Article from the series: Staying Safe and Healthy in Rwanda, Uganda and DR Congo
It would be rather irresponsible to run a Staying Safe and Healthy series and not address the issue of passenger motorcycles. They are available all over the Gorilla Highlands region, parked right at the cross section of affordability, practicality, traffic accidents and crime. The temptation to jump on one is huge both in traffic-jammed cities and in hard-to-reach villages, but you certainly first need to know what you are getting into …
Sitting behind an often inexperienced or reckless driver, you are potentially exposed to numerous dangers. In Rwanda you will at least get a helmet and deal with a moto man who fears policemen. But on Uganda’s boda bodas and the wewas of DR Congo all bets are off.
I am a daily user of this mode of transport, and in 20 years in the region I have of course gone through my share of motorcycle adventures. As far as injuries are concerned, I have been lucky. The only time I was truly injured — in the middle of Bwindi Impenetrable National Park where soft after-the-rain soil proved too much for my driver — my gashed knee was neatly taken care of at Bwindi Community Hospital, one of Uganda’s best rural hospitals.
The personal safety aspect of my coexistence with boda bodas is a more complicated story. I have a dangerous propensity to enjoy living on the edge and enough street smarts to then deal with what (night) life throws at me. For example, once upon a time another boda boda intentionally bumped into mine on a dark Kampala street and the two youngsters sitting behind the driver approached me to “help” — but I stood my ground and angrily shouted at them until an armed nightwatchman showed up.
There was a moment in 2016, however, when I lost everything I had. For a moment at least …
The Brief Battle of the Boda Boda
The darkness found me in a fancy cafe on one of Kampala’s many hills. I was waiting for a hired bus that would allow me to send something with a group of British hikers. I was counting Ugandan shillings. Millions of them. Publicly. (A pretty good practical example of life on the edge.)
I put a trekking budget to be taken to Lake Bunyonyi, a fat wad of cash, in a paper bag, together with a pack of Pocket Guide booklets, and left the cafe after a short toilet visit. I found a boda boda instantly of course — they are all over the place, at all times of day and night — and perhaps it even appeared suspiciously fast. Did a cafe employee alert somebody outside that a stupid whitey had piles of bank notes? We will never know.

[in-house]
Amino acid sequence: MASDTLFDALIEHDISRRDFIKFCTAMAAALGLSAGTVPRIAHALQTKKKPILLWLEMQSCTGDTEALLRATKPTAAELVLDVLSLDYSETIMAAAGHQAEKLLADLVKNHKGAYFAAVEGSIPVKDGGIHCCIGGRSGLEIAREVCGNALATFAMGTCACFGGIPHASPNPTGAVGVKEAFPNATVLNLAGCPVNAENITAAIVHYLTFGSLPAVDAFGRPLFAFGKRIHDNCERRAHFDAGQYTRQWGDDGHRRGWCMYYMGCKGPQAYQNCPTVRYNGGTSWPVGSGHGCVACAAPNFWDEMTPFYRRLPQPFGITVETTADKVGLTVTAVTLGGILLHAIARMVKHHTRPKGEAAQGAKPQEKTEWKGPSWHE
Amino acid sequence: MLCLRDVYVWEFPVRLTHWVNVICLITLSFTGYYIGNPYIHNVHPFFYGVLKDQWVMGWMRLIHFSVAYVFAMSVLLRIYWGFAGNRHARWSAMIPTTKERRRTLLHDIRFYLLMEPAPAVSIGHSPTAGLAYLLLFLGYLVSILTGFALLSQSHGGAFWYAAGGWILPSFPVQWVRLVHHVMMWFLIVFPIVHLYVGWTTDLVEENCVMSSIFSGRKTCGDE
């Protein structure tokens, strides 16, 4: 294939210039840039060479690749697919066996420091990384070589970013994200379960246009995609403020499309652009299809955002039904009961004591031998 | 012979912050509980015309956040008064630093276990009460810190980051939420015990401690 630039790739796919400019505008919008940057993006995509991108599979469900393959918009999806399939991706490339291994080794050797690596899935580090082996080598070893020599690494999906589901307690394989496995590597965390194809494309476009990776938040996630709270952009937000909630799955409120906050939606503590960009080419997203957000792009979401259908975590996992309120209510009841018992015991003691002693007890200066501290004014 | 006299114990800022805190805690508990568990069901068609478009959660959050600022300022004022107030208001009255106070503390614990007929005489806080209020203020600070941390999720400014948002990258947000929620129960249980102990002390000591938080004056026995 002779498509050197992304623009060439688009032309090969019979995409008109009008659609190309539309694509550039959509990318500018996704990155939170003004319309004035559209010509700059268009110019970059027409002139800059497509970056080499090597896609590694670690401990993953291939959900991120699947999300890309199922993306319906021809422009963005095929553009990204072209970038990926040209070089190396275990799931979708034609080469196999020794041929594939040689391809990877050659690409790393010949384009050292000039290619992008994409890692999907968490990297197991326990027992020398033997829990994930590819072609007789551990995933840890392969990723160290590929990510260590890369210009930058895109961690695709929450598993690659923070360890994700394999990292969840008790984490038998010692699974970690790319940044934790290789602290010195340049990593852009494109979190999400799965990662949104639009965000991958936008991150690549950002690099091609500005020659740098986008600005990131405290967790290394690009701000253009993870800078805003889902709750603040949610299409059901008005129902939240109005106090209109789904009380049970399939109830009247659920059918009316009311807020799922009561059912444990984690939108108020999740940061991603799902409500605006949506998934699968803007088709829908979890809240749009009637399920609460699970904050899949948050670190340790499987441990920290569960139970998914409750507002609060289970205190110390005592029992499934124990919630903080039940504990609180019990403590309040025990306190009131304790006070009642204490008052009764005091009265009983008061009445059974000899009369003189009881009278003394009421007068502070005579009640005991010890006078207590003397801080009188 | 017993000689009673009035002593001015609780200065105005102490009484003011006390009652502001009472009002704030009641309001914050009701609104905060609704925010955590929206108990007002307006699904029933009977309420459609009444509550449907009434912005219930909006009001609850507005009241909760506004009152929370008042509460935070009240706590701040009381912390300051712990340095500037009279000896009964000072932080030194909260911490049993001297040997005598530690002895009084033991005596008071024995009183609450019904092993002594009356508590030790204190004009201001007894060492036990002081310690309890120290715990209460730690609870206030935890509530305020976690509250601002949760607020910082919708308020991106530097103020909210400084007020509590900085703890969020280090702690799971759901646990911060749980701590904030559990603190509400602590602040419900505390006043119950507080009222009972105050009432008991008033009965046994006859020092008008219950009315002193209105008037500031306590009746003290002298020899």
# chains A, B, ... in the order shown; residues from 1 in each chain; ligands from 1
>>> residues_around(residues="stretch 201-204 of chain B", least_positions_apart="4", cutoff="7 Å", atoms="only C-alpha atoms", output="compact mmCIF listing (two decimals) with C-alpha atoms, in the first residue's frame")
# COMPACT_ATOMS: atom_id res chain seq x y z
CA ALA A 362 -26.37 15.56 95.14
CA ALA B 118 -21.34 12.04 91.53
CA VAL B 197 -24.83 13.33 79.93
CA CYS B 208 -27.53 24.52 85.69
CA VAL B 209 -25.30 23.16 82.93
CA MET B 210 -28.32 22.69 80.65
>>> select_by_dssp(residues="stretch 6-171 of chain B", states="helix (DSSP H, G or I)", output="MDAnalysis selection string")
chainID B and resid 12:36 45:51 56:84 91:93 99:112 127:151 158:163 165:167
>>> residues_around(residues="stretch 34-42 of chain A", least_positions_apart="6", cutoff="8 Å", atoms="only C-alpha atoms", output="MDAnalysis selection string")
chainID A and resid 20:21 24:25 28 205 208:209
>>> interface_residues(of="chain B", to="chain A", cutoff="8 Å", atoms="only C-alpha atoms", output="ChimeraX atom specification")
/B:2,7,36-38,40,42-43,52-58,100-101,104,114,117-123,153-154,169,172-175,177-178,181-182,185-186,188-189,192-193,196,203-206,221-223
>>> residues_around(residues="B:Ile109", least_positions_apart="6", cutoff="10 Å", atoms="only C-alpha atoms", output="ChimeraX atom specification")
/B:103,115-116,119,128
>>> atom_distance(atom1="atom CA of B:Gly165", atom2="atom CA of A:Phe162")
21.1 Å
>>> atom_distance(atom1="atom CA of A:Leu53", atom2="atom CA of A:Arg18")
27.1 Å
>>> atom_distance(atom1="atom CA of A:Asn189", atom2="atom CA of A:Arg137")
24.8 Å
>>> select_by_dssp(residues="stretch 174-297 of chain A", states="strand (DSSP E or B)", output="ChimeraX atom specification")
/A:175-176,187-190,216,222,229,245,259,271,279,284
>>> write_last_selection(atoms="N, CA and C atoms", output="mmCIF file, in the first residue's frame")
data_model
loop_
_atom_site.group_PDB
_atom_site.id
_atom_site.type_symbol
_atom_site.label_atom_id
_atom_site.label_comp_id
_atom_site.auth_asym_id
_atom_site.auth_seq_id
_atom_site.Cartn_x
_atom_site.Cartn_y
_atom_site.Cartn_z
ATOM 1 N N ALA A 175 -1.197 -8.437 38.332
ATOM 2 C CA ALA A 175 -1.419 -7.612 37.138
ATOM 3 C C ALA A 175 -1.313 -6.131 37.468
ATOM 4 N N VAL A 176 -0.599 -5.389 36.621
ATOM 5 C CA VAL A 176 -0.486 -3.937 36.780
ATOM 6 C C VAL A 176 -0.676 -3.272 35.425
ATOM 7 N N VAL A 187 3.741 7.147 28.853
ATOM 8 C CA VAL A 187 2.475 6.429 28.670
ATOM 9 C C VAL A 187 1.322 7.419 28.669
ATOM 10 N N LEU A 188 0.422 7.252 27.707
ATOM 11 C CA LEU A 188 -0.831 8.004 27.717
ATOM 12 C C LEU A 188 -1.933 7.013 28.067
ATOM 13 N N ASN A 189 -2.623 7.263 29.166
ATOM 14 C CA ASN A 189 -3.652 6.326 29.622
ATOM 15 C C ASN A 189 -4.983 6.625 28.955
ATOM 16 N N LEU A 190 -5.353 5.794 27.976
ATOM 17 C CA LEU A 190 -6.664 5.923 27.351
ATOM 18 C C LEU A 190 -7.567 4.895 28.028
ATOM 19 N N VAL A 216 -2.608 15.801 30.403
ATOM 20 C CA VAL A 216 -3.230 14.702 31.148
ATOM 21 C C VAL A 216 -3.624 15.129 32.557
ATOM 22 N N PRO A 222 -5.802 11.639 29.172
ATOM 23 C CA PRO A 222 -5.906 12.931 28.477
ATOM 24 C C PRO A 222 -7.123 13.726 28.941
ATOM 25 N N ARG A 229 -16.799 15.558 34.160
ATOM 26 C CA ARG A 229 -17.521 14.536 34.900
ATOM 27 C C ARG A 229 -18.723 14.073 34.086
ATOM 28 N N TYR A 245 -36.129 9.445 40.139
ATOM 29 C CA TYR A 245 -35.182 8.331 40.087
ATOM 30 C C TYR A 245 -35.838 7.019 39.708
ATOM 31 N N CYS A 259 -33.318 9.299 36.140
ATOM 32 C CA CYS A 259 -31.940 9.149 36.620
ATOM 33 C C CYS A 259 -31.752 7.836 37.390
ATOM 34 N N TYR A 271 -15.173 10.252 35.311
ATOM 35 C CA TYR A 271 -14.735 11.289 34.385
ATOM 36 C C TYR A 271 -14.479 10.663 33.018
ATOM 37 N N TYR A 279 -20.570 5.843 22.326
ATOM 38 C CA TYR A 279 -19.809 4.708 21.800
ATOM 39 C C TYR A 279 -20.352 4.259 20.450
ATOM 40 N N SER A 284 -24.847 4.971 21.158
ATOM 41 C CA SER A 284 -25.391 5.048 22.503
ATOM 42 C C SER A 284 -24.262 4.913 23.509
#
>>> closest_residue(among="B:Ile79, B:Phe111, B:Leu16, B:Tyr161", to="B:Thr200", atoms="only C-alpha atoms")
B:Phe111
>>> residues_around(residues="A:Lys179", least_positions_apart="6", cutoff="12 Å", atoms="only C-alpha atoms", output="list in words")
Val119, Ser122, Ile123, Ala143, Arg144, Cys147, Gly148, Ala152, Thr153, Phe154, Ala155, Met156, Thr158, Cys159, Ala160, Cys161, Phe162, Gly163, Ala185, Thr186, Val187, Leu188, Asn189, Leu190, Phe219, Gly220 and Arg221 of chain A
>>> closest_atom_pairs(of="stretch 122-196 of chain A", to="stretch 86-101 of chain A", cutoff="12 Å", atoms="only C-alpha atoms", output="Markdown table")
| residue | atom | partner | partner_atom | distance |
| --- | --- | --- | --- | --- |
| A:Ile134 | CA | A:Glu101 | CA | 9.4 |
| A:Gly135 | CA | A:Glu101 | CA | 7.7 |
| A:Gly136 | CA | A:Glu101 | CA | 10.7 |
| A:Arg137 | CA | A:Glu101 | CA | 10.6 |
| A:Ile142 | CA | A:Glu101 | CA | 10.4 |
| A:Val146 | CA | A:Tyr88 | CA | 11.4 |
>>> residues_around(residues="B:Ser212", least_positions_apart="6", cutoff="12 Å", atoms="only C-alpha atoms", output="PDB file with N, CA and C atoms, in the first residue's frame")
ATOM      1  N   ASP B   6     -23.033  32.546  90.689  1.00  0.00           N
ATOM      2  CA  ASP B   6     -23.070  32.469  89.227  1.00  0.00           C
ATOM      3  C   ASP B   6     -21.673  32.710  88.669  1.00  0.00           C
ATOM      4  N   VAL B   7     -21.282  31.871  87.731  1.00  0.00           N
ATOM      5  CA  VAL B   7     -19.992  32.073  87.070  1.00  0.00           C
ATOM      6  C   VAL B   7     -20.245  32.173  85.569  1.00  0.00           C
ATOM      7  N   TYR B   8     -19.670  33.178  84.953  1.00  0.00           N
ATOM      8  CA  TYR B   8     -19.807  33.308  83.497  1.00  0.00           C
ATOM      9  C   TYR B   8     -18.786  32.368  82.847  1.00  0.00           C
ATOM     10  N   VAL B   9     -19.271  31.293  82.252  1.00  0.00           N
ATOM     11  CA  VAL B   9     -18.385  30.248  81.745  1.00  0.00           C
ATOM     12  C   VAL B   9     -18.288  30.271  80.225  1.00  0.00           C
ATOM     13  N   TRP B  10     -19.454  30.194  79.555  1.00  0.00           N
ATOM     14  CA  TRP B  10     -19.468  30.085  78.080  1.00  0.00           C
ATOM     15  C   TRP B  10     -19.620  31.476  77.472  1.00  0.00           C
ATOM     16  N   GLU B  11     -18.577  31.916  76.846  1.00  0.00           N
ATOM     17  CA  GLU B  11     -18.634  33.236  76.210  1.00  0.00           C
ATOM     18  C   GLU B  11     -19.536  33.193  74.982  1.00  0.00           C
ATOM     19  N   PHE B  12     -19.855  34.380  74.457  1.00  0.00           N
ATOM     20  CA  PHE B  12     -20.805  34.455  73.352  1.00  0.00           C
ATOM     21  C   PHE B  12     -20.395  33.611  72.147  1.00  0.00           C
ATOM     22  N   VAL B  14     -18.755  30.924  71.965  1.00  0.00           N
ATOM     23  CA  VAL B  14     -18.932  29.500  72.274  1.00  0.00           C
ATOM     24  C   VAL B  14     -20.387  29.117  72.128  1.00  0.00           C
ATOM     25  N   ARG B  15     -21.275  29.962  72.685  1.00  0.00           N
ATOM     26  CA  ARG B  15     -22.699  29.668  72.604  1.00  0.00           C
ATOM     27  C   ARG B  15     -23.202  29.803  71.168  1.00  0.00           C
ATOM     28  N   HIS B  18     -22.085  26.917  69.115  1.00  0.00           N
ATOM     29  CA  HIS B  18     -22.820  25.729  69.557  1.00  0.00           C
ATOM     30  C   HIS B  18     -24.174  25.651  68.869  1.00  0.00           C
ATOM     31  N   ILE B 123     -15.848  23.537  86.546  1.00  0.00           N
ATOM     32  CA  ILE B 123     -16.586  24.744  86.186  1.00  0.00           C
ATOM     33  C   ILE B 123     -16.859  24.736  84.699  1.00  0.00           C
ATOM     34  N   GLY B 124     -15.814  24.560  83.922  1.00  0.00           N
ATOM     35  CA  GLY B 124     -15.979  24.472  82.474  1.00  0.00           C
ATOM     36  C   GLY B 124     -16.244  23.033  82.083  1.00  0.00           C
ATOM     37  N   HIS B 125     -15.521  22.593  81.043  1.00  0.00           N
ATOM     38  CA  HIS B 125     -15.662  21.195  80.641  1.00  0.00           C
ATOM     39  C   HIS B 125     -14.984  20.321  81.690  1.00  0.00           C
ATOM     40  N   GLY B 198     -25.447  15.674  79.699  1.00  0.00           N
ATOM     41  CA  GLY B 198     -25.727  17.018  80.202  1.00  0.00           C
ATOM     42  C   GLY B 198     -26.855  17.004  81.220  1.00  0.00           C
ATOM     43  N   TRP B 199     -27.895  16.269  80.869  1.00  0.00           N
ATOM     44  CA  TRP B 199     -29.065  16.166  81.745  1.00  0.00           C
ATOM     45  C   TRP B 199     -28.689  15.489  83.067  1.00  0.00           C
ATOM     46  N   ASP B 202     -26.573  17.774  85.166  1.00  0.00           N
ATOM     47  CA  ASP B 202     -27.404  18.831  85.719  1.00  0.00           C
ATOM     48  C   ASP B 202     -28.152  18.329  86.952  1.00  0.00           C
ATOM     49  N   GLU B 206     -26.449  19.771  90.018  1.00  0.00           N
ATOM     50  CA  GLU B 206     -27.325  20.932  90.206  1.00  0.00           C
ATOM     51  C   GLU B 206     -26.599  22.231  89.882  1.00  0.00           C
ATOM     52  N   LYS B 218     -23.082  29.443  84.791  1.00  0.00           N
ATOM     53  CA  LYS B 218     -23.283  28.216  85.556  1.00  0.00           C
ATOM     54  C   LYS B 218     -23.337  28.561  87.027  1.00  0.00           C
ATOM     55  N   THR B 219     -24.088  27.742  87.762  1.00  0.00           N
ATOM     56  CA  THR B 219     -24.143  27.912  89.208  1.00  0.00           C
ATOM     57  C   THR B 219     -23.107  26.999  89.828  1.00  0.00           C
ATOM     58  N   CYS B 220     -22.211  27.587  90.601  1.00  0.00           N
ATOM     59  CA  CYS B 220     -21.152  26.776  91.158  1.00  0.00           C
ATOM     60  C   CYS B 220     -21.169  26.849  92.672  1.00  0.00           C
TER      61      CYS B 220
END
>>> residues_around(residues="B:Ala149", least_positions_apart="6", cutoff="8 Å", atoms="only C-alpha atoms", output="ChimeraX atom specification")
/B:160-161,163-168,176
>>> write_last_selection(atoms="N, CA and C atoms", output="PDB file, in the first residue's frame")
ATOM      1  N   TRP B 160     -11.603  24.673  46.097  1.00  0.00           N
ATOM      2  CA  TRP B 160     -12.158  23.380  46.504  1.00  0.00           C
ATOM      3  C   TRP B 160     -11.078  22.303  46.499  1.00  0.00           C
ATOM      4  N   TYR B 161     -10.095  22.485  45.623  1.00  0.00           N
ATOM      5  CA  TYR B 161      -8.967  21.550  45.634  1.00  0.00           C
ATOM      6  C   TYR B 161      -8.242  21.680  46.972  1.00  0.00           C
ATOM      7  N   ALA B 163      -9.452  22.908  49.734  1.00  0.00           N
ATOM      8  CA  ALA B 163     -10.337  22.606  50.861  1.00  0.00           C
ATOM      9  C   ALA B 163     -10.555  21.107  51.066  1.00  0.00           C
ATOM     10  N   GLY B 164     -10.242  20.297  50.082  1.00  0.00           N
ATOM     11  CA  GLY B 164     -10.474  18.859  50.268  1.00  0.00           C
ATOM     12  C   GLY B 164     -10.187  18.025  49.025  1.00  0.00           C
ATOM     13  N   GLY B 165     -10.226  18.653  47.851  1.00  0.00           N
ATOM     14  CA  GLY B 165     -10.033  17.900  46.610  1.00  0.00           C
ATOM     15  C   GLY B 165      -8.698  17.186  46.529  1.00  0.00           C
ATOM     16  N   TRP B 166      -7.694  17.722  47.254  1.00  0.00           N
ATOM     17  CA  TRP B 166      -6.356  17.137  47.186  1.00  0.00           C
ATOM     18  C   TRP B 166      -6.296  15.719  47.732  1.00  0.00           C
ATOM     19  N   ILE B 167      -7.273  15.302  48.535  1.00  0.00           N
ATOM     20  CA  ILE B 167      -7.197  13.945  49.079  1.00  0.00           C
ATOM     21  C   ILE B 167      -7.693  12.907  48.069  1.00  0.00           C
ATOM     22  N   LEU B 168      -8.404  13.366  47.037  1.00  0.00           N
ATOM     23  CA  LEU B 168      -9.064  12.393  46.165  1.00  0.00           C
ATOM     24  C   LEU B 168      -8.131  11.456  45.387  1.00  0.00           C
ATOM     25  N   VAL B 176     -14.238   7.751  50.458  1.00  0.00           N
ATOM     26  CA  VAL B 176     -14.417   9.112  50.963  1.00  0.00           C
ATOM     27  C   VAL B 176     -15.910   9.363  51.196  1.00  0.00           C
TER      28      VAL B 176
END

I had instructed the bus driver to find me on Nasser Road, a street full of printers, designers, signmakers and other visual professionals. He was a little bit ahead of me, so I called him from the motorcycle to establish his exact location, as we sped on Kampala Road. Unbeknownst to me, another bike was following us on a parallel road.
The bus lights blinked as we approached it, and then many things happened very quickly. The first guy came in, running, and grabbed my phone. I fought for it, but not well enough. The second guy focused on the paper bag. When I pulled it back, it tore and the booklets fell on the road. But not the money.
The money wasn’t there. I’m careless enough to count 3.5 million shillings at a public place at 11pm, yet I’m also cunning enough to move the money away from the paper bag when nobody is watching. The cash was safely in my backpack.
Did I say safely?
As I yelled “Get them!” to my boda driver, the third guy sprinted to the scene and took the backpack from my hands. The shilling equivalent of about 950 dollars was a fraction of the total value of its contents. There was a 4K camera, a laptop, many many dollars, my documents, etc. Every material possession that meant something to me.
A moment later I got the backpack back. Don’t ask me how, because I don’t remember. When in danger my mind goes blank, my instincts and reflexes get amplified, and things happen. I shouldn’t be like this. I had always been a bookworm, a nerd end everything else you would associate with being hopelessly useless in a street fight. But in Africa I discovered a side of me that helps a lot.
With my adrenaline only marginally boosted, I calmly passed the booklets and the money to my man on the bus and continued my journey, using the same boda boda. I didn’t like the driver’s passivity during the action sequences, but well … Who was I to judge?
I directed him to the printery, got more booklets, and home we went. However, the guy chose a rather unusual, quiet, dark route. I began to have doubts. I told him to turn around and follow the busy route. He did it, without any complaint.
Still. I couldn’t be sure about him. What if his friends were awaiting us somewhere? What if they were behind us? Before we were to leave the main road, I told him to stop at a random restaurant, paid him for his distinguished services and went for a bottle of water at the bar. I then picked another boda driver from the road — one that definitely had no prior intention of ambush — and reached home peacefully. The only collateral damage: a battered iPhone. The thieves would later send me an SMS pretending to be from Apple, asking me to activate the phone, but I didn’t fall for that.
The Skewed Moral of This Story
Don’t be like me. Avoid using boda bodas by night, pick one from an official stage (instead of somebody just driving by), don’t travel with loads of cash and expensive hardware … and if something happens, do not fight, I beg you.